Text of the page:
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Controlling Nasal Allergies in Kids continued...

If these suggestions seem like more than you can handle, remember that even small steps can help. Babies and toddlers with nasal allergies can handle some exposure to an allergen without symptoms. It's only once the allergens reach a certain concentration that the allergic response kicks in.

In the same way, a kid with nasal allergies might only have symptoms after exposure to multiple allergens, says Bock.

"Allergies are additive," Bock tells WebMD. "It's not always just a pollen or just a food." For instance, a child with an egg allergy might find that it only flares up during ragweed season. It can take a combination of exposures to push the body into an allergic reaction.

Your goal doesn't need to be an allergen-free home. Making a few sensible changes and reducing your child's overall exposure may be enough to stop the symptoms.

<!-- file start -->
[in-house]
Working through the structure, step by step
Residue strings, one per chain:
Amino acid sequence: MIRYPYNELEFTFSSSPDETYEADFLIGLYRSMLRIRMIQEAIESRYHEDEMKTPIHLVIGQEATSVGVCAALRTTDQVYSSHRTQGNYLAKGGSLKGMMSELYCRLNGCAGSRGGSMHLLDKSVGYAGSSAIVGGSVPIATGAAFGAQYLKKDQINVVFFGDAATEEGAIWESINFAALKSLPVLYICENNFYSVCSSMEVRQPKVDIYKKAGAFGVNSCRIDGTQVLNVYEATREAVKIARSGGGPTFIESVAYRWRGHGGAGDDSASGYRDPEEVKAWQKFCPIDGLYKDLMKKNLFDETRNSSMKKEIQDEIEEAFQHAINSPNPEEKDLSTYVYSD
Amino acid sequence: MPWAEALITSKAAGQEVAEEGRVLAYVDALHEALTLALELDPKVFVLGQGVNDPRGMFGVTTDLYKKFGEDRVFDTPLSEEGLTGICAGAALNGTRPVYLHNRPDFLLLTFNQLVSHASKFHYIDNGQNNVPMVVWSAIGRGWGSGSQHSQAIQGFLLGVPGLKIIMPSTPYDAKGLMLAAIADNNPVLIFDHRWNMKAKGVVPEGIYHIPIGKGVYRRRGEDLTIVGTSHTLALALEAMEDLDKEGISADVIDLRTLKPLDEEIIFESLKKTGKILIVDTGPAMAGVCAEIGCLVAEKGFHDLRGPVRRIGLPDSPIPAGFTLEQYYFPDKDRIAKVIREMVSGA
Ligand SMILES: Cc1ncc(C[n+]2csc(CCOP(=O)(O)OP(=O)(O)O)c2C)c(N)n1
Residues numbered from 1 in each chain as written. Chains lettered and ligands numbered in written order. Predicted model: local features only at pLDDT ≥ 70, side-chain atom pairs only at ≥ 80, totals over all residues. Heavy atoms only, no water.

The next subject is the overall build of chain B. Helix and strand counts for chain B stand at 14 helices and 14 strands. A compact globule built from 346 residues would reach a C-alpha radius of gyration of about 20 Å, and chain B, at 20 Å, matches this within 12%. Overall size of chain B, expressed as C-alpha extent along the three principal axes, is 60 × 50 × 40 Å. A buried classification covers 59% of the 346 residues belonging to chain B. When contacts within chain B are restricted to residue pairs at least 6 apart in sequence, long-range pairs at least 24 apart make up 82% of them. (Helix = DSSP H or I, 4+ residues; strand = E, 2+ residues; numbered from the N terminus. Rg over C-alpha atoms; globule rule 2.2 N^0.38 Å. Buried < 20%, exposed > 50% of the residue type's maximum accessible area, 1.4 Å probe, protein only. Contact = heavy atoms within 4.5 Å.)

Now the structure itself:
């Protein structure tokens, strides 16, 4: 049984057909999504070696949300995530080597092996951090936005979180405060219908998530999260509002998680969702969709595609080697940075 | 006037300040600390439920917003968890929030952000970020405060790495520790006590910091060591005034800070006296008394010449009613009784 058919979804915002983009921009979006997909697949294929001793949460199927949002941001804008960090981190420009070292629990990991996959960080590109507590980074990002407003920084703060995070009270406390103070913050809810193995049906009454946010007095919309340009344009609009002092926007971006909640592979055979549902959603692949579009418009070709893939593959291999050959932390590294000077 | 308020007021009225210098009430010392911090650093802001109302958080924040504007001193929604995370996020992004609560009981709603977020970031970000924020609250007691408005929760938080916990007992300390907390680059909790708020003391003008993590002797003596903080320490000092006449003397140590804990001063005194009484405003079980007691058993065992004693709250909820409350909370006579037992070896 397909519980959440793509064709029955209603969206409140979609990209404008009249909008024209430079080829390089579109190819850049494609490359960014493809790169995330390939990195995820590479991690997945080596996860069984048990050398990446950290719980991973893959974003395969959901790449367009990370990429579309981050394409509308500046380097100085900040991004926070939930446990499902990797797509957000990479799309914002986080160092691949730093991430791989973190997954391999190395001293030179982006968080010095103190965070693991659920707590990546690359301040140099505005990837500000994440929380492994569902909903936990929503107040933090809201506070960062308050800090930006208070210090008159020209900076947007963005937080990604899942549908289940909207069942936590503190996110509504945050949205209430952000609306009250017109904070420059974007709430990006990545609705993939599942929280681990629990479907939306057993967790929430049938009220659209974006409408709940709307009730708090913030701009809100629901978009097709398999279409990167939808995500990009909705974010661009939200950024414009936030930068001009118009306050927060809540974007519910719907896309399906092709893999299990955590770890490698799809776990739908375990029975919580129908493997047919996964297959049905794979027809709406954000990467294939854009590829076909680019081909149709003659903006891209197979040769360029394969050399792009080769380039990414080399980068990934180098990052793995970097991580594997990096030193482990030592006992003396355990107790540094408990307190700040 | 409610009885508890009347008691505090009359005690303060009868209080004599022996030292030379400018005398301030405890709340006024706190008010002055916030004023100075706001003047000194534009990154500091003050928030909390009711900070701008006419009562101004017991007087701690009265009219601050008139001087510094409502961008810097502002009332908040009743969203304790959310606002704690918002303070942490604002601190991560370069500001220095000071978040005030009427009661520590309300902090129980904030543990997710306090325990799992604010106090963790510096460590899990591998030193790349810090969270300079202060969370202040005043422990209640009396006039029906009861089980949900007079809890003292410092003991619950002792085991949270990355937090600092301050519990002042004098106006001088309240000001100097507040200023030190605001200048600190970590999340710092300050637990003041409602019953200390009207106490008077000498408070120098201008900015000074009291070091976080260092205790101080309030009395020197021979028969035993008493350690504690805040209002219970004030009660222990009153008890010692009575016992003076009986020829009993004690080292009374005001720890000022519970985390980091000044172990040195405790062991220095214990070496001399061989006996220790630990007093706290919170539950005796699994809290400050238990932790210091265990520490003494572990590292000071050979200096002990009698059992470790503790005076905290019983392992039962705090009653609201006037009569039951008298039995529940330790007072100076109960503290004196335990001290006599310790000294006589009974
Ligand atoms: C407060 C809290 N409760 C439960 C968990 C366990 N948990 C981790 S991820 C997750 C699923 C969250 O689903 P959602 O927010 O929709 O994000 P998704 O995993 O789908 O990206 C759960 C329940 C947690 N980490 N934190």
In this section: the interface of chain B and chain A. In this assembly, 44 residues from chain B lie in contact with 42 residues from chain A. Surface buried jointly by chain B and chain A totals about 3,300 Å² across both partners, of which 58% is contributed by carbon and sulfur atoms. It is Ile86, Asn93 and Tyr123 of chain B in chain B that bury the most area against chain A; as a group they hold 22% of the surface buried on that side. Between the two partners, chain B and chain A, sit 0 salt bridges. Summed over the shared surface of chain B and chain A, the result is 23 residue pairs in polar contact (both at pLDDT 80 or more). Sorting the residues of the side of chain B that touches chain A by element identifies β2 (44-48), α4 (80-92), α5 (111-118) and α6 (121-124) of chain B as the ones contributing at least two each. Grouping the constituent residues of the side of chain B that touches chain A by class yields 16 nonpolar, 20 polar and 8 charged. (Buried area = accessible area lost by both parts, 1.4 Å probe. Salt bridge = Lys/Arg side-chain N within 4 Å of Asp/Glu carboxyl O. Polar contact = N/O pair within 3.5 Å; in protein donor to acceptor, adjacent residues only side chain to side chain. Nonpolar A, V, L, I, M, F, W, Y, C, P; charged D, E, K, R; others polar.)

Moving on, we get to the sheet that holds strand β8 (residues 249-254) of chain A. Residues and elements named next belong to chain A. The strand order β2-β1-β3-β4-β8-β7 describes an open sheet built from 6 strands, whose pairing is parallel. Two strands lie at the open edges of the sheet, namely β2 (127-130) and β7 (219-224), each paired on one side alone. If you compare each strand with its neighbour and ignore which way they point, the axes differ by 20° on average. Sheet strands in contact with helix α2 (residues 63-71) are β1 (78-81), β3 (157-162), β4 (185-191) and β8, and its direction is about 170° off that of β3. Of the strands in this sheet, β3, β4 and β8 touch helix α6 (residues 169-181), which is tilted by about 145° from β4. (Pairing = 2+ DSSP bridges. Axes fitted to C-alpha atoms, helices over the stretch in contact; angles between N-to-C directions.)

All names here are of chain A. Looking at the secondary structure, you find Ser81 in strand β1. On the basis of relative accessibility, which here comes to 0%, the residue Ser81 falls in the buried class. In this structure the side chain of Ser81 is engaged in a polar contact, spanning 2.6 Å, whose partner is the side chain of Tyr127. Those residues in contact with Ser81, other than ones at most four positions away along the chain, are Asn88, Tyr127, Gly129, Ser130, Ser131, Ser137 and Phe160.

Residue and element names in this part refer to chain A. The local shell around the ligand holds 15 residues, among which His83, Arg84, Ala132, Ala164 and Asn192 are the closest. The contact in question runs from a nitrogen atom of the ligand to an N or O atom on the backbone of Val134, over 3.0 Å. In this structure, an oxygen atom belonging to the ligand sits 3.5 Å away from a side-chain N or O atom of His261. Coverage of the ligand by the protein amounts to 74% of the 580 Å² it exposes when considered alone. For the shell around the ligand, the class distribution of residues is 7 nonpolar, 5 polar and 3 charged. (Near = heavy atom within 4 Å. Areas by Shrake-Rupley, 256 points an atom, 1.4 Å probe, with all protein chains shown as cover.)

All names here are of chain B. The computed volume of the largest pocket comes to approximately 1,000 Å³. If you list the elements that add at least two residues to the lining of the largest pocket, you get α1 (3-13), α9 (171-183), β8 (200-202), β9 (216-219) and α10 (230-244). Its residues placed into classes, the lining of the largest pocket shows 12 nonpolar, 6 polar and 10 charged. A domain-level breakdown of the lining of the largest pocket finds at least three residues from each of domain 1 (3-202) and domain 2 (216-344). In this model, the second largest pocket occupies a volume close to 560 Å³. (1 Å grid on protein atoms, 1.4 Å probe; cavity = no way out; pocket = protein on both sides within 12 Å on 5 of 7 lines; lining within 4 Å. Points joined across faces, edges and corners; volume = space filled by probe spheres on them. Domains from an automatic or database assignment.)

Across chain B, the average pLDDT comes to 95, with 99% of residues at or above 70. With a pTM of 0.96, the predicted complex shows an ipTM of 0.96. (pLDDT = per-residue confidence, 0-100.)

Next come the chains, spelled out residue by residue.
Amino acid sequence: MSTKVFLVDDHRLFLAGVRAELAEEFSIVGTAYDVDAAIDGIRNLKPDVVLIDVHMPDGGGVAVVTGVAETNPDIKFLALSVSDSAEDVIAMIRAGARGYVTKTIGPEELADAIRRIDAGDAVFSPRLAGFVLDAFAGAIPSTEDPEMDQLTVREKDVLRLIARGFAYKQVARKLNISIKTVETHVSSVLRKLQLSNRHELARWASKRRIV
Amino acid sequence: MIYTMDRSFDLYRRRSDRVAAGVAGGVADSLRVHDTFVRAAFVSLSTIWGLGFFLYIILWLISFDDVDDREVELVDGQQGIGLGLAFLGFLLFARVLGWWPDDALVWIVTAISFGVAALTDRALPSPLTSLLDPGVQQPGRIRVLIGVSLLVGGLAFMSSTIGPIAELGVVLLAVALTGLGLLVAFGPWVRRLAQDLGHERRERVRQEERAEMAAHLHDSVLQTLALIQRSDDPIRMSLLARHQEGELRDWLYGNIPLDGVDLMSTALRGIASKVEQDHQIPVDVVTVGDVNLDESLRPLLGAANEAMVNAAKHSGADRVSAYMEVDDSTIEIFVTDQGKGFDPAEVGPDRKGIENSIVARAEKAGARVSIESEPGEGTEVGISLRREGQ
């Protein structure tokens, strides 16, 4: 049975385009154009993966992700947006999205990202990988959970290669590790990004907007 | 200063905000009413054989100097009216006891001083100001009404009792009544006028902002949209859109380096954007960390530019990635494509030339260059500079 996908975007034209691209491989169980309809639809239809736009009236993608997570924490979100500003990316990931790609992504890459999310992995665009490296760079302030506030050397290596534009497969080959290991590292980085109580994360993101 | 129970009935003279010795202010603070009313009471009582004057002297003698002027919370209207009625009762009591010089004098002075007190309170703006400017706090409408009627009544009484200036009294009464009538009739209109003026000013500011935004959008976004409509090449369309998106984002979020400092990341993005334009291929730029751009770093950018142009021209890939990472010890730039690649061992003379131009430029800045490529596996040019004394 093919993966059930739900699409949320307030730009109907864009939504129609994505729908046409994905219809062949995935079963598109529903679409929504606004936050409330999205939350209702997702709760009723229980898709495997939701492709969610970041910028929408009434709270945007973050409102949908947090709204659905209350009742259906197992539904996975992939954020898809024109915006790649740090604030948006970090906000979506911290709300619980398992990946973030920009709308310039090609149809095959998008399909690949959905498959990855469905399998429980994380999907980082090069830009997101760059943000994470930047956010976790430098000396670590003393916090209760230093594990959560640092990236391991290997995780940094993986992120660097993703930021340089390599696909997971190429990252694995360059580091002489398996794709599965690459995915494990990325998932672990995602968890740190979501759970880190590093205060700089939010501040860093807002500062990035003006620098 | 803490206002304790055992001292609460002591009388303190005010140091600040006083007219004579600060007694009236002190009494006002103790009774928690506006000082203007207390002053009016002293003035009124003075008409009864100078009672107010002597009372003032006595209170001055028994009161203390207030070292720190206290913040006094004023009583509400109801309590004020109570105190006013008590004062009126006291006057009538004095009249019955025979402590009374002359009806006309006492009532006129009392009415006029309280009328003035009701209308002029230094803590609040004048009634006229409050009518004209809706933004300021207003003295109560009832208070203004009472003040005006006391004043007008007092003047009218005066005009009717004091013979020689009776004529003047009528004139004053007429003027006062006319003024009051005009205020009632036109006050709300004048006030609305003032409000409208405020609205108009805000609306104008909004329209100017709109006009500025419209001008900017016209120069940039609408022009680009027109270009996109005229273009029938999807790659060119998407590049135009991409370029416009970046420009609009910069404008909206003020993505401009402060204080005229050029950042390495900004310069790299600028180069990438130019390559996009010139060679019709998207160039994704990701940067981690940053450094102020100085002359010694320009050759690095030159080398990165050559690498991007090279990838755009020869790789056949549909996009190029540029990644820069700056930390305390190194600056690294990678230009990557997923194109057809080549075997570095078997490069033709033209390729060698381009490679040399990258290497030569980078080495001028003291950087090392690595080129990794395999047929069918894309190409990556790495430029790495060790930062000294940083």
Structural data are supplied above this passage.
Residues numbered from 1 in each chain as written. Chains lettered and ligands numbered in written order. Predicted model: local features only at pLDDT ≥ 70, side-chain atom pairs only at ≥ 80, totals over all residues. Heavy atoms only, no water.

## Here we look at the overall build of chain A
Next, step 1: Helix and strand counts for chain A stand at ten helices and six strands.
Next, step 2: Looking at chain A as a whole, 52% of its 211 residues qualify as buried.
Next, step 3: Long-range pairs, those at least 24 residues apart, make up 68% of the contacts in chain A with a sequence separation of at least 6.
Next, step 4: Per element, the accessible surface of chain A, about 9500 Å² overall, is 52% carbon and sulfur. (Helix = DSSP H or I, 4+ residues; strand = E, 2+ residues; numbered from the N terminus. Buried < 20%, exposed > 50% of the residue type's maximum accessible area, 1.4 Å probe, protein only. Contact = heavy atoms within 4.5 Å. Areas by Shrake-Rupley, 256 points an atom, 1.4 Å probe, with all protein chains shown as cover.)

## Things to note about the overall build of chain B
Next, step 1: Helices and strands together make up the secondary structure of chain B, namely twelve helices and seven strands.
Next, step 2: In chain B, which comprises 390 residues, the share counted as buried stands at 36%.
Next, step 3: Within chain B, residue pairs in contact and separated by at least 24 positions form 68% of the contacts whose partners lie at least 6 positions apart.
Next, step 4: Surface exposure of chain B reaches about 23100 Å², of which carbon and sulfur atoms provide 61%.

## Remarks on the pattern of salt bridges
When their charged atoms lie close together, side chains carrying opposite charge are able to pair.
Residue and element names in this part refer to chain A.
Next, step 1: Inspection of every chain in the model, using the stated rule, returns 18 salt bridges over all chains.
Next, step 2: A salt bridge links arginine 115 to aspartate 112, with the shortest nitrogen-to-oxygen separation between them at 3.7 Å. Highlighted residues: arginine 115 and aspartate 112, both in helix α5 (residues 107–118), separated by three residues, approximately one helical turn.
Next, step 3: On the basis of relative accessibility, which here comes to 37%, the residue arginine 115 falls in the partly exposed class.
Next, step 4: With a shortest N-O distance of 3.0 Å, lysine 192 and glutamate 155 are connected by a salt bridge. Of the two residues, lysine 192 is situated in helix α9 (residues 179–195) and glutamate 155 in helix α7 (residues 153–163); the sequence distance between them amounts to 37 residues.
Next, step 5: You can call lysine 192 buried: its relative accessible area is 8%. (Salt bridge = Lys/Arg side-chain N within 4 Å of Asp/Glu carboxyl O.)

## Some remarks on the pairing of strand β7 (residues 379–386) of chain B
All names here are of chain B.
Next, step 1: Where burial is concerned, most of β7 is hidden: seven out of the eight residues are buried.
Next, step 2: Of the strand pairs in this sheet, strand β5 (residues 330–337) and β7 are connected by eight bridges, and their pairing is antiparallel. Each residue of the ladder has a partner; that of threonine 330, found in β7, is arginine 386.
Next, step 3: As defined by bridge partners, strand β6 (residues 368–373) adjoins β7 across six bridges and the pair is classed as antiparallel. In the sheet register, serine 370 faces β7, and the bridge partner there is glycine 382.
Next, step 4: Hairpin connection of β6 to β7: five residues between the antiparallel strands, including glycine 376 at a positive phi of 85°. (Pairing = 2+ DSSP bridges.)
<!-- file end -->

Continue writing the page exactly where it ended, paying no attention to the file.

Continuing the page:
Coping With Nasal Allergies in Kids

Trying to get a handle on your baby or toddler's nasal allergies can be frustrating. Try not to get overwhelmed.

"It's really important that parents don't feel like they’re in this alone," Bock says. Instead, you need to work together with your child's pediatrician or allergist.

"You might not get the answer to your child's allergy symptoms right away," Bock tells WebMD. "But together you and a doctor can chip away at the problem." In time, you'll find the right approach -- and everyone will breathe a little easier.

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